Fifteen miles down the road is the Wallowa Lake Tramway, a gondola that carries riders 3,700 feet to the peak of Mt. Howard. During the 15-minute ride, the views became increasingly expansive as formidable crags gave way to an eagle-eye view of the shining, crescent-shaped lake. At the summit, we embarked on an easy 2½-mile hike to take in an even more spectacular panorama.
When we descended, we drove a few minutes to the other side of the lake to explore downtown Joseph. Main Street is only six blocks long, but there’s quite a bit to browse. An array of bronze sculptures depicting scenes of Western life lines the stretch, most notably “Attitude Adjustment,” a cowboy steadying a bucking rodeo horse.
You’ll also find a lumber mill, a hardware store and a bronze foundry alongside art galleries, vintage shops, clothing boutiques, artisanal food stores and restaurants.
“We’re known as Little Switzerland,” the cashier at Arrowhead Chocolates told me. Each September that parallel is celebrated during the town’s Alpenfest. Arrowhead’s chocolate-covered toffee certainly highlighted the similarity.
Day 4: Next stop: Hell
After Cessna, horseback and tramway, we were eager to get back to the actual road part of this trip. When our wheels hit the Hells Canyon Scenic Byway we felt as though we were on the set of a car commercial, winding our way through mountain passes for three hours.
We teetered between Oregon and Idaho time zones, stopped for cattle and curled along the mile-long Snake River, which divides the mighty, dauntingly named canyon. At our destination — Hells Canyon Dam — we parked and piled into a jet boat with a dozen others.
Within a few minutes we soared across the river, the limestone canyon rims rising on either side of us. At points we jumped and jetted through Class II, III and IV rapids; in other sections, we glided along glassy water. We stopped at a grassy clearing for lunch, explored a cabin museum and spotted brown bears near the banks.
Such beauty caused me to wonder about the name. Why Hells Canyon? Perhaps as the deepest gorge in North America at 8,000 feet, Hells Canyon alludes to the notion that anyone unfortunate enough to plunge its depths would surely reach the netherworld.
Back in the car, shaking off the adrenaline, I thought if that was hell, then heaven could wait.
Day 5: Eastern promise
The towering cupola of the Geiser Grand Hotel marked the center of Baker City, a little more than two hours southeast of Hells Canyon Dam. The hotel, a grande dame opened in 1889, is a lovingly restored beauty decked out in mahogany, sparkling chandeliers and a stained-glass ceiling.
The city is named for Edward D. Baker, Oregon’s first senator. It was founded in 1870 and grew into an important trading, ranching and mining hub, becoming the largest city between Salt Lake City and Portland. More than 100 historic buildings, including the Art Deco Baker City Tower, make up Main Street and its surroundings.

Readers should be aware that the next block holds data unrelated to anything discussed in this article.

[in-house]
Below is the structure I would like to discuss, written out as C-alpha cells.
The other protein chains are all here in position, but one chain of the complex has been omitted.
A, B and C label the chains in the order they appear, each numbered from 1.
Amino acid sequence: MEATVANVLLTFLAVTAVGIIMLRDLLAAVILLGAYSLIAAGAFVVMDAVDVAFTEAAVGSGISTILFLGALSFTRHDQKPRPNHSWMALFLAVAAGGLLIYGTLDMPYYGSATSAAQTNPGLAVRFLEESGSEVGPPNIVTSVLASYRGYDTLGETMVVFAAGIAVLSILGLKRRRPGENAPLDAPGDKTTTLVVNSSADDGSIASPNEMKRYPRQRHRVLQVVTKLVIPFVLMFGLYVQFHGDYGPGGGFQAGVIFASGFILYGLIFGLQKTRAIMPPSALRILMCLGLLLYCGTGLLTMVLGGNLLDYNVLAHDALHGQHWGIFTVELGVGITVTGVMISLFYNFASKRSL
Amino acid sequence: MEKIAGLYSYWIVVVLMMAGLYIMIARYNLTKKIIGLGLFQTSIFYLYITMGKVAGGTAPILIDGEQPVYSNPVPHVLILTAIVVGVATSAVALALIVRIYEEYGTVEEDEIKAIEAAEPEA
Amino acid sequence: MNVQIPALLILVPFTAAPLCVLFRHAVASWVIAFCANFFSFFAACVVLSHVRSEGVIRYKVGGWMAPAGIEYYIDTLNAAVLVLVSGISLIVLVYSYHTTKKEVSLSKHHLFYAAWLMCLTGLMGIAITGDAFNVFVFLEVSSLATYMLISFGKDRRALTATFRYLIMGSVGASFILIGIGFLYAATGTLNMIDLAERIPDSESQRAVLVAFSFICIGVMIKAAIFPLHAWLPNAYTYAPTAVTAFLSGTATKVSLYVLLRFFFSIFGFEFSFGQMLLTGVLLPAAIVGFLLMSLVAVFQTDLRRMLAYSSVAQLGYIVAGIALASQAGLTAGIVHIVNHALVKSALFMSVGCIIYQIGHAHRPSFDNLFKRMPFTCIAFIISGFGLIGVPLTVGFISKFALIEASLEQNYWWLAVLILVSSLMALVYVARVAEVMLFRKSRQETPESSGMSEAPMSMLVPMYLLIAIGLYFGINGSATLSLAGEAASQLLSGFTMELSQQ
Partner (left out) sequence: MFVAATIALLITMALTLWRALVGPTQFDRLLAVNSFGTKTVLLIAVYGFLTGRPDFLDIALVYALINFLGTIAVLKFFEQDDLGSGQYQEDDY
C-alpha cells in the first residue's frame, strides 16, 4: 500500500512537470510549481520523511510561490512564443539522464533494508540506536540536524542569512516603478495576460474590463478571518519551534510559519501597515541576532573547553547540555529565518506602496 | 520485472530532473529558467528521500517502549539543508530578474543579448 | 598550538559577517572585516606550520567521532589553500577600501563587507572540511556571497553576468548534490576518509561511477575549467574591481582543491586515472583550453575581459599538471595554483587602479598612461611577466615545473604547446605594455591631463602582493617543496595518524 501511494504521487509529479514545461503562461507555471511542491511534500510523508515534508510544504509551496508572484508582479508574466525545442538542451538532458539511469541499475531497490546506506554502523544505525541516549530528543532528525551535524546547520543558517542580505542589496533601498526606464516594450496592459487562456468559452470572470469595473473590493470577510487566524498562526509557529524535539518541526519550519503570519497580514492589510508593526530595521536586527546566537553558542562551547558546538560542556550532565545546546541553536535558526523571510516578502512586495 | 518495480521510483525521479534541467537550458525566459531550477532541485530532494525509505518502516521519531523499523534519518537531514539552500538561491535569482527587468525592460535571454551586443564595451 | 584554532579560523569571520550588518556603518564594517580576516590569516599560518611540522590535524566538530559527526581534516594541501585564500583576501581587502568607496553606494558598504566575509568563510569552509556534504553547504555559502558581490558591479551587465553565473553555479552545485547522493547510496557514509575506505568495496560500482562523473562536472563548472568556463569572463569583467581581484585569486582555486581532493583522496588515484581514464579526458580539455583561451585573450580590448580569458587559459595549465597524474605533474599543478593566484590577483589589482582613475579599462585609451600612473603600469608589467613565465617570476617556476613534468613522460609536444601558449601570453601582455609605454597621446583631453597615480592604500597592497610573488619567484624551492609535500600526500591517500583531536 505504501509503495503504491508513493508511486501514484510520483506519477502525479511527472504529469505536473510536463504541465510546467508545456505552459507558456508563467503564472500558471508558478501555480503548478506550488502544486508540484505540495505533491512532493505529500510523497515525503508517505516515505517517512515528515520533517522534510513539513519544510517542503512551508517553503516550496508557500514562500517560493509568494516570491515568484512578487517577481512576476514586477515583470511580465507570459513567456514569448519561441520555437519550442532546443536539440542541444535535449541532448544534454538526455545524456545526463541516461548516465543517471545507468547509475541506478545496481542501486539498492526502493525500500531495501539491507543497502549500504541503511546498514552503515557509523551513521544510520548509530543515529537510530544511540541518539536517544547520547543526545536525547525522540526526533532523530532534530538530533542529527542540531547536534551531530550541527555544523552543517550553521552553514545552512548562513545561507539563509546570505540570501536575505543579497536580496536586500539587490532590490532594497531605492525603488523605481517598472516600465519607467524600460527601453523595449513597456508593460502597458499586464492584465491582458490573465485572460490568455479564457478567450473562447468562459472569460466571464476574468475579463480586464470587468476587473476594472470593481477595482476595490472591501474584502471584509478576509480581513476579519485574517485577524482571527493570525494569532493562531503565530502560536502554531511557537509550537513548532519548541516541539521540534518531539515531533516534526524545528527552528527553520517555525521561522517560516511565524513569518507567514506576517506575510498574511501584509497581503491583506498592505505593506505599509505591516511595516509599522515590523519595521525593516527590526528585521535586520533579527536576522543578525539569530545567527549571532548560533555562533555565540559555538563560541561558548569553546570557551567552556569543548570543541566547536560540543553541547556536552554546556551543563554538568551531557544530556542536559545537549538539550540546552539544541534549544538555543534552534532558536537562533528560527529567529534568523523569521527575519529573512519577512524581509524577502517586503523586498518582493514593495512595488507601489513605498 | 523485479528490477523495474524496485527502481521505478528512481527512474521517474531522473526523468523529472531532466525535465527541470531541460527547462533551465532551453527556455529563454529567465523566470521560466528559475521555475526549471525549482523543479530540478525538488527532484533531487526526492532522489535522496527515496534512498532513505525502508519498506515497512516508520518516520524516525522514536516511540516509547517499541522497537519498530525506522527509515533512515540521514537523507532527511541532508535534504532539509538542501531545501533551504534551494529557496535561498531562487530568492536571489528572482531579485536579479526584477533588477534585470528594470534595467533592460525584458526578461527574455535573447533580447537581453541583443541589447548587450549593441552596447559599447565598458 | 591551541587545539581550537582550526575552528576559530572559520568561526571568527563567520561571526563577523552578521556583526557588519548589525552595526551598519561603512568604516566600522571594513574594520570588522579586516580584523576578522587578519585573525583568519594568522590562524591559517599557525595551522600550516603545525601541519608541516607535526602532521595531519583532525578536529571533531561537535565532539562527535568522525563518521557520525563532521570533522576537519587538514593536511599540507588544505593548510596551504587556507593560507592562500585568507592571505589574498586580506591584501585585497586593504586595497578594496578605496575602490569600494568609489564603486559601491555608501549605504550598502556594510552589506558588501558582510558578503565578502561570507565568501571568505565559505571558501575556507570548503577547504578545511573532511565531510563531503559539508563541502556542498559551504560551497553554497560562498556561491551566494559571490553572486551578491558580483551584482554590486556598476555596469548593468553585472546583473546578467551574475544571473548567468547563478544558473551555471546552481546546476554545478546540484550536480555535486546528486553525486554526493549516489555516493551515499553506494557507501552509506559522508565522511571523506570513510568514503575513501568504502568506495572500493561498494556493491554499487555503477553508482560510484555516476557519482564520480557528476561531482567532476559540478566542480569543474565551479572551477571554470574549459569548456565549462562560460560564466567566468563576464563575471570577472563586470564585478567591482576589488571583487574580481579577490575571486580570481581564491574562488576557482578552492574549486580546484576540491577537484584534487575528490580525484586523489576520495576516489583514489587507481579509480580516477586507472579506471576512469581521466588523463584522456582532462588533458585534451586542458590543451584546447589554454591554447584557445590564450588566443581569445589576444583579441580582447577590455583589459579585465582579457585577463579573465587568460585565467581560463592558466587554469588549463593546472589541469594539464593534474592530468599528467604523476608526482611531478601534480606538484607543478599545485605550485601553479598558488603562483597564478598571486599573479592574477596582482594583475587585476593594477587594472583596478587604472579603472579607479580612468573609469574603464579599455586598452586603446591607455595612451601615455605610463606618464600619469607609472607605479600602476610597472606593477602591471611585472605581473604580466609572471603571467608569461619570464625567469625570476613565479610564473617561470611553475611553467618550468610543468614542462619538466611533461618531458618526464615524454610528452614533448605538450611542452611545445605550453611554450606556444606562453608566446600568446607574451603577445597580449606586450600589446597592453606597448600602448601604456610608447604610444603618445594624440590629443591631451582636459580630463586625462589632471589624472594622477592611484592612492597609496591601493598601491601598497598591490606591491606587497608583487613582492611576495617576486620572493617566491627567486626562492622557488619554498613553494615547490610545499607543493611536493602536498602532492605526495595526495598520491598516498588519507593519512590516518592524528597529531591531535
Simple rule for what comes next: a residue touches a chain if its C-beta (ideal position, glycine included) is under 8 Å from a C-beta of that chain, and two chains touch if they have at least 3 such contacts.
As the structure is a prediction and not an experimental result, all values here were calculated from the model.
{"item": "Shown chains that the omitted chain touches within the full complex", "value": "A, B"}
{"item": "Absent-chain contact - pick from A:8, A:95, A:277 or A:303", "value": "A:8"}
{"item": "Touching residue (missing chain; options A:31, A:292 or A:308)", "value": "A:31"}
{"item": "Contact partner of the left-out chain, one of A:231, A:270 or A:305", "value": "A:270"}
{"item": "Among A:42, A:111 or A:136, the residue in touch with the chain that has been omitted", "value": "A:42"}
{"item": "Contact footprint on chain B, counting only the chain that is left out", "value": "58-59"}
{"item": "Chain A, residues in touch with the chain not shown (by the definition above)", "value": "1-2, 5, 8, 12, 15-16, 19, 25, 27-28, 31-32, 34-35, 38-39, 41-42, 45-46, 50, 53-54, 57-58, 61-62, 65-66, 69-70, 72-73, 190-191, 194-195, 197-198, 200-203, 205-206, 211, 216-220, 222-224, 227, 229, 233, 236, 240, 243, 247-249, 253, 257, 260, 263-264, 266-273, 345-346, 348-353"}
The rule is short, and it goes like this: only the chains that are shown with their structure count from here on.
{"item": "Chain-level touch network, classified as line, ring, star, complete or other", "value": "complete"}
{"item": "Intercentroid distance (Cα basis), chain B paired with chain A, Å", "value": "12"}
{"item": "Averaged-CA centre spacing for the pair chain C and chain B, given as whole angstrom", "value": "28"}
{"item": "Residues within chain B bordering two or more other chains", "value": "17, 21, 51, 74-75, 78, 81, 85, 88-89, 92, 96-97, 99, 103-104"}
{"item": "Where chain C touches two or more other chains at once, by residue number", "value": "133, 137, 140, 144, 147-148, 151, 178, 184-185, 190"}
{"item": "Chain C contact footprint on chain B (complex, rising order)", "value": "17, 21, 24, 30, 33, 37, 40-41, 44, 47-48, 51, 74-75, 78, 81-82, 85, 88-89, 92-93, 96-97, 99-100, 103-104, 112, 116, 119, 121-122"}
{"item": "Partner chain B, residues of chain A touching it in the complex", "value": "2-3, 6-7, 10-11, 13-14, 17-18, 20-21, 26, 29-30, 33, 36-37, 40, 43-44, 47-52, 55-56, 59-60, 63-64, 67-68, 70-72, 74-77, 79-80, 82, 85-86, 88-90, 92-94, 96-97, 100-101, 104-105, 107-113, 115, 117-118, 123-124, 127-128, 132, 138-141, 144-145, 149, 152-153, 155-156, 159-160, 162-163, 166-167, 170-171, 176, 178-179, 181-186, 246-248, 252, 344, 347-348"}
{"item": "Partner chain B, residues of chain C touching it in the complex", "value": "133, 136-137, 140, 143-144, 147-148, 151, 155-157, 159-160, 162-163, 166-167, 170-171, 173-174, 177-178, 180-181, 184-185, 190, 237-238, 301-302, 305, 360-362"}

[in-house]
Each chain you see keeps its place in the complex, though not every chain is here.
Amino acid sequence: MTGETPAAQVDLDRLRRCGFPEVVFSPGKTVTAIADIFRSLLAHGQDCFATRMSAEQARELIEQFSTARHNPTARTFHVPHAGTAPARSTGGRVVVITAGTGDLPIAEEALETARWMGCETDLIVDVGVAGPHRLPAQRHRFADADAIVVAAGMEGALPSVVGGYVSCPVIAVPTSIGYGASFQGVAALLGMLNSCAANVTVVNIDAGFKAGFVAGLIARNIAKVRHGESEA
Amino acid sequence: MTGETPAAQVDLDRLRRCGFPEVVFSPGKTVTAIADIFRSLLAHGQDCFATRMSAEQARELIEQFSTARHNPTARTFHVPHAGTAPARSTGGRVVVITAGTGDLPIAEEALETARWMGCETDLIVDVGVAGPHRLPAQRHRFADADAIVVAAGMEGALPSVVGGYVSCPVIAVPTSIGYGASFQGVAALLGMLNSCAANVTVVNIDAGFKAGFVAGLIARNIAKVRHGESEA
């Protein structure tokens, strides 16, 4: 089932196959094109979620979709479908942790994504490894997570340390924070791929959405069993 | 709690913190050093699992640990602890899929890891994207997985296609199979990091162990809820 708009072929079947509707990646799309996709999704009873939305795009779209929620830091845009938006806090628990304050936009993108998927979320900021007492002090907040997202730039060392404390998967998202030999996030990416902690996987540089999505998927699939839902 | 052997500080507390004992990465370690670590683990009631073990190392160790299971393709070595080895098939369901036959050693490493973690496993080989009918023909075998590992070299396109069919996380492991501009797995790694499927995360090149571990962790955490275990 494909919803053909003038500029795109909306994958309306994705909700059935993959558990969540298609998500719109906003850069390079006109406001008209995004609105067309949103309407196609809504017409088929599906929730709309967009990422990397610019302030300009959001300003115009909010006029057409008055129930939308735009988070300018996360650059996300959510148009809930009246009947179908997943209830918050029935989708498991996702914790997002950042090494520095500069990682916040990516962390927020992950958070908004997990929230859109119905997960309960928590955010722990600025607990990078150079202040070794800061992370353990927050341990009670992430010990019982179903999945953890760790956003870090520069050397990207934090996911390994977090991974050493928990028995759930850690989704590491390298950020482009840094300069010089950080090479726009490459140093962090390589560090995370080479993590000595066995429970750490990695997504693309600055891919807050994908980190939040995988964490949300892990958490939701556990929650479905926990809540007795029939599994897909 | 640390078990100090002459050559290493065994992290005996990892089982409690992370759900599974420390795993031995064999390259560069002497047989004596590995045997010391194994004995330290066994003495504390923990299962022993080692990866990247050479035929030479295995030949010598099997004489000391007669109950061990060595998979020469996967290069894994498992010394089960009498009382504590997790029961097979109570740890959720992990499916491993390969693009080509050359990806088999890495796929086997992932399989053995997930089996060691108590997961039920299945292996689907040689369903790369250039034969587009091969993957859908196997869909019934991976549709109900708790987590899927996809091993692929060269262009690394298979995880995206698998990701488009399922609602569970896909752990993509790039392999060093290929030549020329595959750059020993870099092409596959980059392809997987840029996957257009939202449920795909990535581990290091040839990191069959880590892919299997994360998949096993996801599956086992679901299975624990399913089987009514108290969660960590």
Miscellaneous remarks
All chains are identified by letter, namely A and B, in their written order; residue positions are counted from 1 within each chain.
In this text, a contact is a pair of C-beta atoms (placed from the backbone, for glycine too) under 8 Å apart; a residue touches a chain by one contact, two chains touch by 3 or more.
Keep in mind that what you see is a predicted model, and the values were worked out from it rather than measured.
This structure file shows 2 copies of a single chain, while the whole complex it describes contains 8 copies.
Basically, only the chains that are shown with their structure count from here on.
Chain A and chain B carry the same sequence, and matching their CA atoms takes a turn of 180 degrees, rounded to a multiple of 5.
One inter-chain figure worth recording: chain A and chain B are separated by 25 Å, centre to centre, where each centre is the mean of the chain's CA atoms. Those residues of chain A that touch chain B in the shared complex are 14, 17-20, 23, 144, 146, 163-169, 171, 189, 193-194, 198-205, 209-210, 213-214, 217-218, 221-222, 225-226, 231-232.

Baker City was also a significant encampment for pioneers as the first town established along the Oregon Trail in northeastern Oregon. The National Historic Oregon Trail Interpretive Center is worth a stop for history buffs. The site, built around remaining ruts carved by pioneer wagons, features a replica wagon encampment, pioneer artifacts and exhibits about the area’s Native American communities.
Our stop included that dose of history; a walk down Main Street, trawling the clothing boutiques, art galleries, restaurants and coffee houses; and a hearty steak dinner at the Geiser Grand.
The next morning, as we set off for the 2½-hour drive back to Walla Walla, Ronnie asked, “What are we doing when we get back to the city?”
I recalled those chaotic first few days in Portland. “No plans,” I answered. “Let’s keep it that way.”
If you go
THE BEST WAY TO WALLA WALLA, WASH.
From LAX, Alaska, American, Delta and United offering connecting service (change of planes) to Walla Walla. Restricted round-trip airfare from $318, including taxes and fees.
Enterprise, Ore., is a six-hour drive from Portland or two hours 20 minutes from Walla Walla Regional Airport.
WHERE TO STAY
Minam River Lodge, Eagle Cap Wilderness, Ore.; (541) 508-1373. Wall tents from $195, double rooms from $245, cabins from $395. Minam River Lodge’s 2019 season runs until Oct. 14.
Barking Mad Farm B&B, 65156 Powers Road, Enterprise, Ore.; (541) 886-0171. Doubles from $105.
Geiser Grand Hotel, 1996 Main St., Baker City, Ore.; (888) 434-7374. Doubles from $109.
WHERE TO EAT
Terminal Gravity, 803 S.E. School St., Enterprise, Ore.; (541) 426-0158. Brewpub featuring excellent pale ales and solid pub grub.
Vali’s Alpine Restauran, 59811 Wallowa Lake Highway, Joseph, Ore.; (541) 432-5691. Hungarian cuisine tucked into “Little Switzerland.” Desserts are a highlight.
Palm Court, 1996 Main St., Baker City, Ore.; (888) 434-7374. Dine under the West’s largest stained-glass ceiling within the classic Geiser Grand Hotel. Beef, sourced from local ranches, is the specialty.
TO LEARN MORE